2019-20 School Year–Week Five

It took until the fifth week of the 2019-20 school year, but we finally went on an actual field trip!

This was actually the second “Homeschool Day” at the Missouri History Museum for this school year, but the first one didn’t fit into our schedule. I was really excited about the topic of this month’s event, because I knew we needed to see the new Pulitzer Prize Photographs exhibit.

I won’t lie…this was one of the hardest field trips we’ve been on, because the content was so heavy. There were a lot of disturbing photos, and I had to constantly make sure Chickadee especially was doing ok with what she was seeing (to be honest, I think she didn’t really understand a lot of the more distressing photos, which is ok with me). I think it was very important to see, however, and we certainly learned a lot. And there were a few more light-hearted activities, too, including a cool microphone craft that Chickadee loved (although, giving her even a pretend microphone may have been a questionable parenting decision on my part!), and a newspaper assignment that allowed us to research and write about John Philip Sousa, and his connection to the 1904 World’s Fair here in St. Louis.

The rest of the week was pretty standard. Turkey and Bunny learned about arc functions in pre-calculus. They finished the second chapter on one-dimensional in physics. They also finished finished the third chapter in their health curriculum. Their literature study had them comparing “The Inferno” with what they’ve read so far in “The Purgatorio.” We finally made it to the Plantagenets in our four-year history cycle, while in US history, Turkey and Bunny learned about the Jamestown settlement, which led to a disturbing conversation about some details they remembered from the their last study of American history.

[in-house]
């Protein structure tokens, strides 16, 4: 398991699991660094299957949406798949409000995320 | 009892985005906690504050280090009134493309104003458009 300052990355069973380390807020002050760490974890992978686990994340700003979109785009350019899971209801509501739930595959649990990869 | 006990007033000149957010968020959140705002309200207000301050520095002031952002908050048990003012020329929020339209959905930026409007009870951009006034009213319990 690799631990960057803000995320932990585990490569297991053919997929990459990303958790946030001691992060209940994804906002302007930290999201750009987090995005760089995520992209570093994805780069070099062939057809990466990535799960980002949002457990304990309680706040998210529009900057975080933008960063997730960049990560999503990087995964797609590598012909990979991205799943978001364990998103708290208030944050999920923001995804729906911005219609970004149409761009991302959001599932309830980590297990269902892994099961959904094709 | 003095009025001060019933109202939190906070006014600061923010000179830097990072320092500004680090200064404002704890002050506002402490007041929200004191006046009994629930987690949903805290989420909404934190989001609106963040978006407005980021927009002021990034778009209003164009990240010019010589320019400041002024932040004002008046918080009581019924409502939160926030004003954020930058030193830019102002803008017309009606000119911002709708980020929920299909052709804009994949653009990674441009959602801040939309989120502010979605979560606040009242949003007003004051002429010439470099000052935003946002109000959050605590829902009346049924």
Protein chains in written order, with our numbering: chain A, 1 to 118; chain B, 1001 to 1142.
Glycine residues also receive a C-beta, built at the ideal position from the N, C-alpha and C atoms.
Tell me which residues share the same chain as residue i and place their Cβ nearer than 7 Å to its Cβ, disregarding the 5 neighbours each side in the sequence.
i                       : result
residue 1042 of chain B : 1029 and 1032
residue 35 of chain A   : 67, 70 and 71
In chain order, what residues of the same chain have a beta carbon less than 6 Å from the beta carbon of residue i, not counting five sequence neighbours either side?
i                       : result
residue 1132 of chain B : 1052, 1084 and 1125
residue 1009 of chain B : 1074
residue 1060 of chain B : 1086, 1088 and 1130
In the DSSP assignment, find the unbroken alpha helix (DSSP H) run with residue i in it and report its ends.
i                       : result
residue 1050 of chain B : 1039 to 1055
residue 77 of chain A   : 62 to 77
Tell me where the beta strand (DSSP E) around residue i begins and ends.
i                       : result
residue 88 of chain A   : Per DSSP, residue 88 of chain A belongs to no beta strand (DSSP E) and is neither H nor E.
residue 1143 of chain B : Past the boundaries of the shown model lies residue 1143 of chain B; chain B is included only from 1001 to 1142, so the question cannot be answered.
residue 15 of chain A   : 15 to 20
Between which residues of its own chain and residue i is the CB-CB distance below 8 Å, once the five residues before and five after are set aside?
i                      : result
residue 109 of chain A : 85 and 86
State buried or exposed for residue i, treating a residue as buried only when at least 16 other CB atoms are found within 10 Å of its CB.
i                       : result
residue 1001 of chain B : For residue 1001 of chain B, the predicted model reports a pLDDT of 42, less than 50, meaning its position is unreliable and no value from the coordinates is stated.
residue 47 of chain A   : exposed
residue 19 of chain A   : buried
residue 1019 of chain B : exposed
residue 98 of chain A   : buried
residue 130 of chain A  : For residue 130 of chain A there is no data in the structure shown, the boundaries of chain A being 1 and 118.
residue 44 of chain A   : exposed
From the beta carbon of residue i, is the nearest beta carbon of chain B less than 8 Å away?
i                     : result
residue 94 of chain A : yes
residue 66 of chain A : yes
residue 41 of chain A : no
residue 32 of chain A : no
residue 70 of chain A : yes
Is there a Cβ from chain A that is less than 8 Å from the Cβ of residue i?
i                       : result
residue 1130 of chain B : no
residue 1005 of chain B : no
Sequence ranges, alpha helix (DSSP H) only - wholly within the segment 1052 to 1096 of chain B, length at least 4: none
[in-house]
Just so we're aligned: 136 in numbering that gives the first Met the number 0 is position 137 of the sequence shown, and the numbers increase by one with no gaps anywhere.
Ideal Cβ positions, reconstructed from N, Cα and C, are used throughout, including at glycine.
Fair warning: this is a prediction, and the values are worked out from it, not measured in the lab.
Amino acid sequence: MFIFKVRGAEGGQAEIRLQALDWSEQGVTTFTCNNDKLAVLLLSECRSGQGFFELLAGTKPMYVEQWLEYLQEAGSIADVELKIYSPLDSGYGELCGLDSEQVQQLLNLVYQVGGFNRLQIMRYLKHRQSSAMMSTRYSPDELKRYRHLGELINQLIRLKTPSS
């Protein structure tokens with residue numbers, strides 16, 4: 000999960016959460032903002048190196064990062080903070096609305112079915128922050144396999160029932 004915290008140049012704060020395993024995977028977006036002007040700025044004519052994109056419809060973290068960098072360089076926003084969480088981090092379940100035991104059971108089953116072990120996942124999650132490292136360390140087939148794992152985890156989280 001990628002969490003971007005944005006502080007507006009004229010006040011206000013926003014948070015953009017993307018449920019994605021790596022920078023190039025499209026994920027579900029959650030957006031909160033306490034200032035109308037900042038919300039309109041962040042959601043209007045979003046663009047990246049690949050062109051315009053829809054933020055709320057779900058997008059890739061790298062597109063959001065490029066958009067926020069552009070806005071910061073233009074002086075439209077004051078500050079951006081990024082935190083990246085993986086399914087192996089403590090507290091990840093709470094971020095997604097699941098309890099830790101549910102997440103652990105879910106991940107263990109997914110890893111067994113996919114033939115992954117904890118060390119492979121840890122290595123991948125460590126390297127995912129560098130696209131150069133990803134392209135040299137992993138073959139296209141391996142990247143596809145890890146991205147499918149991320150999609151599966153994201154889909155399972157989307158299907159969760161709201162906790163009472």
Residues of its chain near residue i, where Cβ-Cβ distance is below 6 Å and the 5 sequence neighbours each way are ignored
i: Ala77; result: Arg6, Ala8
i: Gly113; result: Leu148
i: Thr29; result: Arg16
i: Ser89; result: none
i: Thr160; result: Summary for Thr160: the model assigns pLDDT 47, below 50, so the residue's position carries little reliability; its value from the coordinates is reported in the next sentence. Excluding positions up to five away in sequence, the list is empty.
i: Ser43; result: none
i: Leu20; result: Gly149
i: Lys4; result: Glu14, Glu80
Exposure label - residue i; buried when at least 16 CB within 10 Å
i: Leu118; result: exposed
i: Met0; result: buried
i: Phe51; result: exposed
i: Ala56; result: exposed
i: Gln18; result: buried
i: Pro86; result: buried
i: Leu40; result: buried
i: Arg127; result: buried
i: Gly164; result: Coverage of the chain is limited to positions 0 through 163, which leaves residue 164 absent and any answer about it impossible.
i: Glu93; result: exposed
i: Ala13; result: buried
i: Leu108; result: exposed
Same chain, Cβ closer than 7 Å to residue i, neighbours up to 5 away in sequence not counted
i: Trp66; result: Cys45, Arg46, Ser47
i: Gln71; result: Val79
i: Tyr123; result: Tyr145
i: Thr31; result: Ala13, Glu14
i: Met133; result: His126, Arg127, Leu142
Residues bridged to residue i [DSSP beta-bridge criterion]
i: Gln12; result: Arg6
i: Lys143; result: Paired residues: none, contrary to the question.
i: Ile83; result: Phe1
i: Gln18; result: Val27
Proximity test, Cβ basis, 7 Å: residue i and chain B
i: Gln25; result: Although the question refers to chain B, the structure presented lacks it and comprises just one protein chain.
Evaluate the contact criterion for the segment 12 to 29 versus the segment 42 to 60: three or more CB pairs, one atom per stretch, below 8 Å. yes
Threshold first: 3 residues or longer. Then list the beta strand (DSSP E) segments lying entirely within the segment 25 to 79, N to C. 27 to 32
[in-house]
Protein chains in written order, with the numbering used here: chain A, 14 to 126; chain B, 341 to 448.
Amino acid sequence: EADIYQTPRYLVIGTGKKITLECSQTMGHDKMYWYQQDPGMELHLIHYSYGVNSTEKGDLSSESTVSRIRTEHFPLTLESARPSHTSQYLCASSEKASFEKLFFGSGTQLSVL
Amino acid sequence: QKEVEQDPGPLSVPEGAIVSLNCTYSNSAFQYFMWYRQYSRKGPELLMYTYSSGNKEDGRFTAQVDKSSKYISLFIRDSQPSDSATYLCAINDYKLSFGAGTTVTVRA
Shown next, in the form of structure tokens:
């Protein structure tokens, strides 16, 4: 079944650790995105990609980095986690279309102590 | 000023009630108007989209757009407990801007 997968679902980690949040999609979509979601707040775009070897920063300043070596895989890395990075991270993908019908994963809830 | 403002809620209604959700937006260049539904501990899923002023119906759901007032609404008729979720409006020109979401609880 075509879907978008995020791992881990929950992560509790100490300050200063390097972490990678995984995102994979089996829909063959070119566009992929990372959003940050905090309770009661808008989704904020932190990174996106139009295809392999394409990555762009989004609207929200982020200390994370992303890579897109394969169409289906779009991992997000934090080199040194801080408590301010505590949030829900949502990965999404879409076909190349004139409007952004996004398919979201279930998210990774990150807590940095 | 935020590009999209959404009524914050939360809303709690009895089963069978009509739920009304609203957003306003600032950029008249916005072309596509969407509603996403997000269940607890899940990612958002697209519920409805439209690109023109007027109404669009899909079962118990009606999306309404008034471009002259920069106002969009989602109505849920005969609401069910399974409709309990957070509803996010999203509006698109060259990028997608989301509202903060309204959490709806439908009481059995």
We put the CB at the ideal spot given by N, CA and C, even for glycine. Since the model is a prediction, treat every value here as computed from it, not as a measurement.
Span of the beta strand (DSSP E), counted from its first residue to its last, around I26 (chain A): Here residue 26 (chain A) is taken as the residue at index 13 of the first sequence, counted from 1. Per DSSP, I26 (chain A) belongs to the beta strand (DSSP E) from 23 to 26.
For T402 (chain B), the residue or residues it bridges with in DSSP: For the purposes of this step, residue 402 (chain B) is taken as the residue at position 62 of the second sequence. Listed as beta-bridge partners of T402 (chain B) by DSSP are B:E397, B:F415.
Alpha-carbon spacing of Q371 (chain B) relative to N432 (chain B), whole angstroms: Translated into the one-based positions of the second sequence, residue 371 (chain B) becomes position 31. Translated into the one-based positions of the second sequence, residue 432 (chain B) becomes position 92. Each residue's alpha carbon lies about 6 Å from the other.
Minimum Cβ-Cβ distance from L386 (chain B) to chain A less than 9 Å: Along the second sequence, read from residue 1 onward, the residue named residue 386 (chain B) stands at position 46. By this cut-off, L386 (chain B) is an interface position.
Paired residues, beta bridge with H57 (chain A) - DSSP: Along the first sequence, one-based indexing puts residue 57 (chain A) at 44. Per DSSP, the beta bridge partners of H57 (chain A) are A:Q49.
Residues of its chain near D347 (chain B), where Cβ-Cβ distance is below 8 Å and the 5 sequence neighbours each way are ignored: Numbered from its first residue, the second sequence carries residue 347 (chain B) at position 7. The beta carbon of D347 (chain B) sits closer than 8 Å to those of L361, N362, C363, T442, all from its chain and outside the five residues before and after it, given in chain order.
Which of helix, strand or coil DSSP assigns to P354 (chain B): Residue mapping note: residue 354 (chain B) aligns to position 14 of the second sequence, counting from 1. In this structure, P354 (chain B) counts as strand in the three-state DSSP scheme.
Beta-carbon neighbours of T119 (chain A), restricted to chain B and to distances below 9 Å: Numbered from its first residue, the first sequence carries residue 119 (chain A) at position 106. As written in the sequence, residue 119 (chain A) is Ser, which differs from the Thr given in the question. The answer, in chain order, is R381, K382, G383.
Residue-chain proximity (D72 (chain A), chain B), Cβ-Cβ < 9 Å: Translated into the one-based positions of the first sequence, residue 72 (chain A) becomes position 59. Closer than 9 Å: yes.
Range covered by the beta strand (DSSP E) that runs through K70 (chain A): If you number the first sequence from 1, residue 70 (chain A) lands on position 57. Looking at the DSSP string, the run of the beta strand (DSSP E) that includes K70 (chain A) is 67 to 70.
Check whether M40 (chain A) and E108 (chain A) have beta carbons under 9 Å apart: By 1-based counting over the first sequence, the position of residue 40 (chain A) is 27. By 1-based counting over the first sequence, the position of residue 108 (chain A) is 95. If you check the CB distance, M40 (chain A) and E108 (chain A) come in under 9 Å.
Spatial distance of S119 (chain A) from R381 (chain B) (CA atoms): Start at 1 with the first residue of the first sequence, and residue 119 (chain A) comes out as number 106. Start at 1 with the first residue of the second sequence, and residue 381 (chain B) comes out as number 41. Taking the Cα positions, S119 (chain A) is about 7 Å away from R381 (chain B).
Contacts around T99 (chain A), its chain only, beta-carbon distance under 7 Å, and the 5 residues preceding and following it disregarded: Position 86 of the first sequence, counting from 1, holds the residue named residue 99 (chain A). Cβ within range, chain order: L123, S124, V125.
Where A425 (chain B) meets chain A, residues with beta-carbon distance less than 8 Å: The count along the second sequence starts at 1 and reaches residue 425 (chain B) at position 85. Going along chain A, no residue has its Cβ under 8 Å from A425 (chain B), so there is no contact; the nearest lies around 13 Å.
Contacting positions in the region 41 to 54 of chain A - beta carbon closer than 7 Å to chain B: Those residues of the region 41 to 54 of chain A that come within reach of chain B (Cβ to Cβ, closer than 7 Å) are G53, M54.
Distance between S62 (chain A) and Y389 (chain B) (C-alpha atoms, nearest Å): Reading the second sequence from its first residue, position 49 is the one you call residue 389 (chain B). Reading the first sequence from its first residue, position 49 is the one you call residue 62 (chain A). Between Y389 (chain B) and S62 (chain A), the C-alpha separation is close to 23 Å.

Ladybug learned about inequalities in pre-algebra. She also reviewed adding decimals. Her history lessons focused on Africa and the beginning of the slave trade. She did a few experiments about the surface tension of water in science. In literature, she read about the dwarves and Bilbo’s escape from the Wood Elves, which is one of my favorite chapters of The Hobbit, because I really like imagining Bombur getting shoved into a barrel! She also finished reading through the Lord of the Rings trilogy, which I still think must be confusing as she’s only about a third of the way through The Hobbit, but she really enjoyed the books!

Chickadee reviewed carrying while adding in math. She started a chapter on Mercury in science. We’re almost done reading through Little House in the Big Woods. Her language arts lessons have overlapped a bit with catechesis, so she’s memorizing in both classes, as well as reading Bible stories for both.

I’m hoping that it might cool off enough next week for an outdoor field trip…or at least for a more enjoyable game of tennis. A week of constant 90+ degree temperatures makes it difficult to want to be outside at all!

Student of the Month

Today was a very exciting day!

Actually, the excitement started on September 5, when Moose brought home a letter from school, letting us know that the teachers at his school unanimously selected him as “student of the month” for his academic work and respectful demeanor. They even put a sign in our lawn for everybody to see!

I cannot tell you how proud I am. He works so hard, even when things aren’t easy for him. And I am thrilled that his hard work, not to mention his attitude, have been noticed by his teachers. Tonight he got to be recognized in front of the school board with the other “student of the month” winners from the various schools in the district.

I’m so happy we were all able to be with him tonight to recognize his achievements!!!

The English Woodland Garden–September

The leaves may not be changing color in the St. Louis area yet, but I can tell how different the light is as we approach fall just by looking at this month’s photo of the English Woodland Garden…it looks weird compared to every other photo I’ve taken this year!

Redecorating